Inside this post: We worry that our big kids won’t need us anymore, but the truth is, they need us even more, just in a different way.
I secretly worried that once my children grew up, they wouldn’t need me, and all of the closeness and fun times we shared would be a thing of the past.
We did so much together – from mommy-and-me classes to park, pool, beach, and sledding adventures. I drove them to and from school because even though they could take the bus, they liked this more easygoing together-time, and so did I.
All through elementary school we read and snuggled together every night, and I was involved by volunteering in the libraries, lunch programs, and classrooms. We enjoyed the after-school time when it was just us and when they had friends over, making fun snacks, tackling homework, and hanging out.
Even as their schedules picked up in middle and high school, there was still a place for me to share in it all. Cheering them on at wrestling meets and theater shows, dance recitals and cheer competitions. I was trusted to drive their friend group places–and when I was very lucky, to hang out with them and serve as a second mom.
Now, with my young adults, I’m discovering the next phase of the relationship.
We aren’t physically together quite as much as we were when they were little. One is at college and one is starting out in her first job as a teacher. They continue to chart new paths for themselves as they seek what life holds for them. To find what lights up their souls. And I couldn’t be prouder of and happier for them.
I worried that my grown children wouldn’t need me, that it wouldn’t be the same. But the truth, my role hasn’t changed that much.
Marveling at the relationships I now share with my college son and just-out-of-college daughter has erased any lingering doubts.
And I’m reassured of another truth – every little way we love and mother our children, from the moment they’re born, forms a piece of the relationship foundation that we forge with them. Every action is an investment in our future with them.
Do I ever miss the days when they spent more time in my arms than out of them in the world? I’d be lying if I said no.
It was magical to be needed and loved so purely and intensely. Contentment was mine when I nursed and cuddled my babies. Exploring the world through their eyes when they were toddlers and little ones brought a sense of wonder and unique joy to my life.
Their journeys aren’t away from me, so much as they are to new places that will include me in new ways.
You see, we’re connected as much as ever, maybe even more emotionally than physically.
They still need me, just in different ways.
What does this look like?
It looks like phone calls to share the day and say goodnight. And texting for help with how to handle a tricky situation or to ask for cookies to be baked and mailed. It’s staying up in the wee hours of the night talking and providing comfort to an out-of-state college student who is overwhelmed with stress and unable to sleep.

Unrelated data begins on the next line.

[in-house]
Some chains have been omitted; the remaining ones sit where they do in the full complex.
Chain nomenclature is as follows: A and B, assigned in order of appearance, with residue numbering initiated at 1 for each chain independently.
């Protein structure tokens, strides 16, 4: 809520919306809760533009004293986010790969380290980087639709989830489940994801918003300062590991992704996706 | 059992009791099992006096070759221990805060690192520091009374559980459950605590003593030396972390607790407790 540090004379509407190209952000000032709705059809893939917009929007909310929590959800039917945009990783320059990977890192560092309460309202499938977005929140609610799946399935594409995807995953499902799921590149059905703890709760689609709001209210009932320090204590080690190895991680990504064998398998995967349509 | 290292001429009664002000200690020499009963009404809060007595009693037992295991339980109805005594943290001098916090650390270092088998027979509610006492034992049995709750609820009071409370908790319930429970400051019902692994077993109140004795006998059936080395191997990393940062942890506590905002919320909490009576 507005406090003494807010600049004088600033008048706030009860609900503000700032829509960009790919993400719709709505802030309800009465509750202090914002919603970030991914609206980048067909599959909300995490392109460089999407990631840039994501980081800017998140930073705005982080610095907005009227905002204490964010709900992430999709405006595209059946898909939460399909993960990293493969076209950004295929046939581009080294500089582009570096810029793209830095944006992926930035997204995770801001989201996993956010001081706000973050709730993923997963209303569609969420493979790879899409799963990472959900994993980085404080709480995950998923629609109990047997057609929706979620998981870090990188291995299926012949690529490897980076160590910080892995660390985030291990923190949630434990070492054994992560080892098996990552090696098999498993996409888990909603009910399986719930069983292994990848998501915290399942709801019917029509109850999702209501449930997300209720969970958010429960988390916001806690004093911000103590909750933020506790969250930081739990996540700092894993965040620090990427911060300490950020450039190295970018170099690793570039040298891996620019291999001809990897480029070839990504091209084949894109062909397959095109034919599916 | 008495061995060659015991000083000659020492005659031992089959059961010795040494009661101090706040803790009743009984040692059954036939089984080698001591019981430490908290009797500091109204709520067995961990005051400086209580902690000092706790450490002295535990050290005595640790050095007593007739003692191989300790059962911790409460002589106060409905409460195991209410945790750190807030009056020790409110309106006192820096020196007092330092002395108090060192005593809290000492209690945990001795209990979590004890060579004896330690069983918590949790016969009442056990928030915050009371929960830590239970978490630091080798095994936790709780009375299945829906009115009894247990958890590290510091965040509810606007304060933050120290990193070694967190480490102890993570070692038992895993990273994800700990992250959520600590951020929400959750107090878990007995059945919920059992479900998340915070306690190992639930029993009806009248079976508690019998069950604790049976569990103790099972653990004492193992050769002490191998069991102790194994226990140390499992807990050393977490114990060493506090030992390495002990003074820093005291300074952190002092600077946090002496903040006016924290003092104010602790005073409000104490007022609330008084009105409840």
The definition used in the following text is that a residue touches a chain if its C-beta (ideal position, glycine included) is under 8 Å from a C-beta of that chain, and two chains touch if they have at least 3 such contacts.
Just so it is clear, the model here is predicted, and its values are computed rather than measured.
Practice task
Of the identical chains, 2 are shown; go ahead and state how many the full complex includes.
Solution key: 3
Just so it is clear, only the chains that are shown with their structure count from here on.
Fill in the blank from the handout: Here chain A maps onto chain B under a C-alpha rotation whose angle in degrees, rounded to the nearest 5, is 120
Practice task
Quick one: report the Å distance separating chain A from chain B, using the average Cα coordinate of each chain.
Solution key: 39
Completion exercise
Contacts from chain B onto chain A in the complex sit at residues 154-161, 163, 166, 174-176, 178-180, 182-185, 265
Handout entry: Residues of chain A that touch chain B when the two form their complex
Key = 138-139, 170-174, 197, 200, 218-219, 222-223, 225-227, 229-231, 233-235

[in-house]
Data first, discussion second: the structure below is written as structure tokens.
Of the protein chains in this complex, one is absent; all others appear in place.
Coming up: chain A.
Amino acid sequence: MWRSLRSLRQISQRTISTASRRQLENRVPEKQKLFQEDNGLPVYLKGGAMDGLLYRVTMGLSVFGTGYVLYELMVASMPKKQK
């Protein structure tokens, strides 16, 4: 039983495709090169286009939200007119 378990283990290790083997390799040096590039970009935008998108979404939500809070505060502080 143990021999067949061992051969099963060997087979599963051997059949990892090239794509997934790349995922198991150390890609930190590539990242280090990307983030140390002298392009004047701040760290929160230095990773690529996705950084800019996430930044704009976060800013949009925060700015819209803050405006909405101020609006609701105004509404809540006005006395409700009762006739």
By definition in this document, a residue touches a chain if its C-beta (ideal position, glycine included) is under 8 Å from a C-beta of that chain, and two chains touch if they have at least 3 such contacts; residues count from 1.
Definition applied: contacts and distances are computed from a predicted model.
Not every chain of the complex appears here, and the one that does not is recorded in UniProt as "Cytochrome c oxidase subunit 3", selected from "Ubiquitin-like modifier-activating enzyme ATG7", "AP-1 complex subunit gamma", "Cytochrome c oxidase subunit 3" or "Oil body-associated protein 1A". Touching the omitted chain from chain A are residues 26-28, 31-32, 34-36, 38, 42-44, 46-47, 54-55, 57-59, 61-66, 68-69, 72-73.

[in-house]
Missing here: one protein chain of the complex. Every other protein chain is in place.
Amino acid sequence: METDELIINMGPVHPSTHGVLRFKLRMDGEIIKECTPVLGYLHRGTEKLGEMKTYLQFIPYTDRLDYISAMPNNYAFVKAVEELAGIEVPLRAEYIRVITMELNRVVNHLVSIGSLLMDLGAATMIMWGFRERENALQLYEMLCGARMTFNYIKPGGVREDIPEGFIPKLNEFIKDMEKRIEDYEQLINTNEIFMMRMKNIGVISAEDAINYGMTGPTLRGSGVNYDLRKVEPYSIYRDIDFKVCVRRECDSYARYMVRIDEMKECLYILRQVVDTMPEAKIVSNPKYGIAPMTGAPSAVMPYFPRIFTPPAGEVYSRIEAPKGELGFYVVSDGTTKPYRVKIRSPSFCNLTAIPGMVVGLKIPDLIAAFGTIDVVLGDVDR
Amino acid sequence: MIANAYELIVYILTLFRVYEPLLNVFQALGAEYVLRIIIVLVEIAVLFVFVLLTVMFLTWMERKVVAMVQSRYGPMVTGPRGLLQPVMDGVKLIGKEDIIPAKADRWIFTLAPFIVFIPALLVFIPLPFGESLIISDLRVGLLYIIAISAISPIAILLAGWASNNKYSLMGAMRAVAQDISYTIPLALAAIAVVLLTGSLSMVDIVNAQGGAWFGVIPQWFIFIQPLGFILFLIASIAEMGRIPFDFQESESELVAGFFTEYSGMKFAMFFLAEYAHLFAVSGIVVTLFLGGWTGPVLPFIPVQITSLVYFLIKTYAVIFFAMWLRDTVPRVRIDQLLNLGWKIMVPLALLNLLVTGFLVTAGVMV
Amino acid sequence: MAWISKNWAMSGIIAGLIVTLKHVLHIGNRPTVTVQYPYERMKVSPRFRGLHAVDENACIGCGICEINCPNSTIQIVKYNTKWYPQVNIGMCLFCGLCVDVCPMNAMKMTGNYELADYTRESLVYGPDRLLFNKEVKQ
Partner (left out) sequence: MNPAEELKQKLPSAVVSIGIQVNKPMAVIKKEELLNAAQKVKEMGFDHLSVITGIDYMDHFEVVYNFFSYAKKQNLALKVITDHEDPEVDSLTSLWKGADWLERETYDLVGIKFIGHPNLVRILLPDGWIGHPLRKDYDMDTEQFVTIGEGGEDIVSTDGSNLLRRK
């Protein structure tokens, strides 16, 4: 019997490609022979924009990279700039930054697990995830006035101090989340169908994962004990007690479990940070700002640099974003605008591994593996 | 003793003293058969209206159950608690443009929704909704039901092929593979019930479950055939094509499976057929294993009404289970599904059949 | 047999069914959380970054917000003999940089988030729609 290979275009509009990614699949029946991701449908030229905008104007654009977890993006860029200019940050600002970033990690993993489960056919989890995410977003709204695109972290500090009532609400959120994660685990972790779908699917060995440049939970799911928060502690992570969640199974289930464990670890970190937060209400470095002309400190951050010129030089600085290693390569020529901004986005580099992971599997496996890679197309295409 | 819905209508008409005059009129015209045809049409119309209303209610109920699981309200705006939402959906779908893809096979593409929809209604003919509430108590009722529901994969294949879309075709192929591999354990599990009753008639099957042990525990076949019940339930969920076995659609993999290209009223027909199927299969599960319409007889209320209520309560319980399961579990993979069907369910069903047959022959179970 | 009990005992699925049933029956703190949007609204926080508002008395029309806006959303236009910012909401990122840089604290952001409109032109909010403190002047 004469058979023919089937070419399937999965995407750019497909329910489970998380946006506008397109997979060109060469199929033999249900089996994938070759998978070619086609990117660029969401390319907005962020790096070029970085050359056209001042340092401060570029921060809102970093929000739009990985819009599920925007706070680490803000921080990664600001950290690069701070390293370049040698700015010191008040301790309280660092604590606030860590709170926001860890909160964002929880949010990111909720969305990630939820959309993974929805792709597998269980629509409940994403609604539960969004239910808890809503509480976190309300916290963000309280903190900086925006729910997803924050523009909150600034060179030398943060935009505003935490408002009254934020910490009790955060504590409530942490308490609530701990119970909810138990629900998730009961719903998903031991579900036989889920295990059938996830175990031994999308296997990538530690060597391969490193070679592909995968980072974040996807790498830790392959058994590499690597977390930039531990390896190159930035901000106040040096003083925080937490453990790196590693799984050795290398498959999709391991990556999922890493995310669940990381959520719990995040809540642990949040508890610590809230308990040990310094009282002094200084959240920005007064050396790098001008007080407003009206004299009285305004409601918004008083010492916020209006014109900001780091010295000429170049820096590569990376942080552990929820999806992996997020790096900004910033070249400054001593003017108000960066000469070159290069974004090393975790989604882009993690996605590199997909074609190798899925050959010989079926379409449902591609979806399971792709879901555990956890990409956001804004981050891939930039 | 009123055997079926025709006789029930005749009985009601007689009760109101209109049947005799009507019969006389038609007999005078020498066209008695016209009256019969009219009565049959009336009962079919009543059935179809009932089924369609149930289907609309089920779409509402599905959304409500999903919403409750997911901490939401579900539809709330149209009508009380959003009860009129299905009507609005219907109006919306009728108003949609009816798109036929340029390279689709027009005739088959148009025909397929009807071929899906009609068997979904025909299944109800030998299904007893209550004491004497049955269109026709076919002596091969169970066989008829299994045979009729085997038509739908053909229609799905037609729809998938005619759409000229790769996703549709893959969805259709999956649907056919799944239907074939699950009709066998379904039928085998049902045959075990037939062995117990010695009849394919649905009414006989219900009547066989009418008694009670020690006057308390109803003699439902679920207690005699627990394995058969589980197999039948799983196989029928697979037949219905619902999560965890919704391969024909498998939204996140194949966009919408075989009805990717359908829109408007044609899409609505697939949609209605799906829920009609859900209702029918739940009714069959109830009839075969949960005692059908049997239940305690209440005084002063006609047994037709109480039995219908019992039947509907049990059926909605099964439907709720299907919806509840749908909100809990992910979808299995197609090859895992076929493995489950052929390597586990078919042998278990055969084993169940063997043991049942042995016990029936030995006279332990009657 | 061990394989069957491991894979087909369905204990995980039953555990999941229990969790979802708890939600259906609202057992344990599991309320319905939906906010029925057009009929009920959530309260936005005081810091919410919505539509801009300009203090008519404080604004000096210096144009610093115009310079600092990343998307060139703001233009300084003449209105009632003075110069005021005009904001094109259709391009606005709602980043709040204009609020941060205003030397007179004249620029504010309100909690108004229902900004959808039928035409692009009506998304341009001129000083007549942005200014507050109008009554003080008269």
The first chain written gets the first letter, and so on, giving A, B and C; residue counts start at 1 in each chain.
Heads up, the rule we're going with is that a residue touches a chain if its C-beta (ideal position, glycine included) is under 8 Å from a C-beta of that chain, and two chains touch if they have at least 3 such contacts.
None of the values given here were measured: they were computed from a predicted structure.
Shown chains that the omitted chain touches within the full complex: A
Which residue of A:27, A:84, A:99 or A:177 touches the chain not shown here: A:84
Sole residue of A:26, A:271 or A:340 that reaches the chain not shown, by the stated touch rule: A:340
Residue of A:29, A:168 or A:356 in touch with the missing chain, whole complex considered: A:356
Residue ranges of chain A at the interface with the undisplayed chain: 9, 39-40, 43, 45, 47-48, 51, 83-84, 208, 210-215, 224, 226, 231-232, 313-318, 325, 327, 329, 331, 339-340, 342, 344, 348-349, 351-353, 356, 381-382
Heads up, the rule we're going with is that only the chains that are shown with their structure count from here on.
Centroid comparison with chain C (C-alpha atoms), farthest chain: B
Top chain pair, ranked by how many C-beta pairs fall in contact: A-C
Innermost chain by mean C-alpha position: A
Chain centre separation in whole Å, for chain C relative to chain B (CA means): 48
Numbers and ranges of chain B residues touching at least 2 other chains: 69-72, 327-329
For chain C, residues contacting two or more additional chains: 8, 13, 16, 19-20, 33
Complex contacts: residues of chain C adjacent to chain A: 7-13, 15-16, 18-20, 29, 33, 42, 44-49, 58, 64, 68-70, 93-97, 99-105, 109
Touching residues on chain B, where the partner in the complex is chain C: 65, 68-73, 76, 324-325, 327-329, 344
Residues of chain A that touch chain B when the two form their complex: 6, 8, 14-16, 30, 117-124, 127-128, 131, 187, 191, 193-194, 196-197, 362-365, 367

It’s being a partner in some of the adulting milestones, like buying a car and sharing in the stress, decorating their first apartment, and the excitement of finding the right job. Or when they have some free time and want to go on a Target adventure and they can choose any friend to join them, but instead they choose me.
It’s being the one they call first when they’re worried or upset, and when they’re delighted.
Sometimes, it feels like they need us again as they needed us when they were younger. But it’s not so much a need as it is a want, because we can offer assistance that lets them breathe a little easier. When my son was home over the summer and working at a local mini-golf place, I was able to lighten his load by making him breakfast and coffee in the morning before he left just like I used to do before school for many years.
And that’s the beauty of parenting your (almost) grown kids. You can do things “just because” to show you care.
The needing during the big kid and young adult season looks like support, trust, and relationship. It looks like love.
My kids continue to hold my heart and bring joy to life. I’m no longer worried about how much they need me.
I’ve finally learned that they haven’t outgrown me, and they never will.
Because our love for each other has roots that are strong enough to keep us connected even when they branch out in their lives.
What’s more, we not only love each other, we like each other.
They are always my children, and now also my forever friends.
This is a contributed post by Sydnei Kaplan. Sydnei is a mom and wife, blogger, freelance writer, and author of a soon-to-be-released children’s picture book. I strive to help moms navigate all seasons of motherhood and reassure them that parenting evolves but never ends. Find me at Mom in the Moment, and on Facebook and Instagram.
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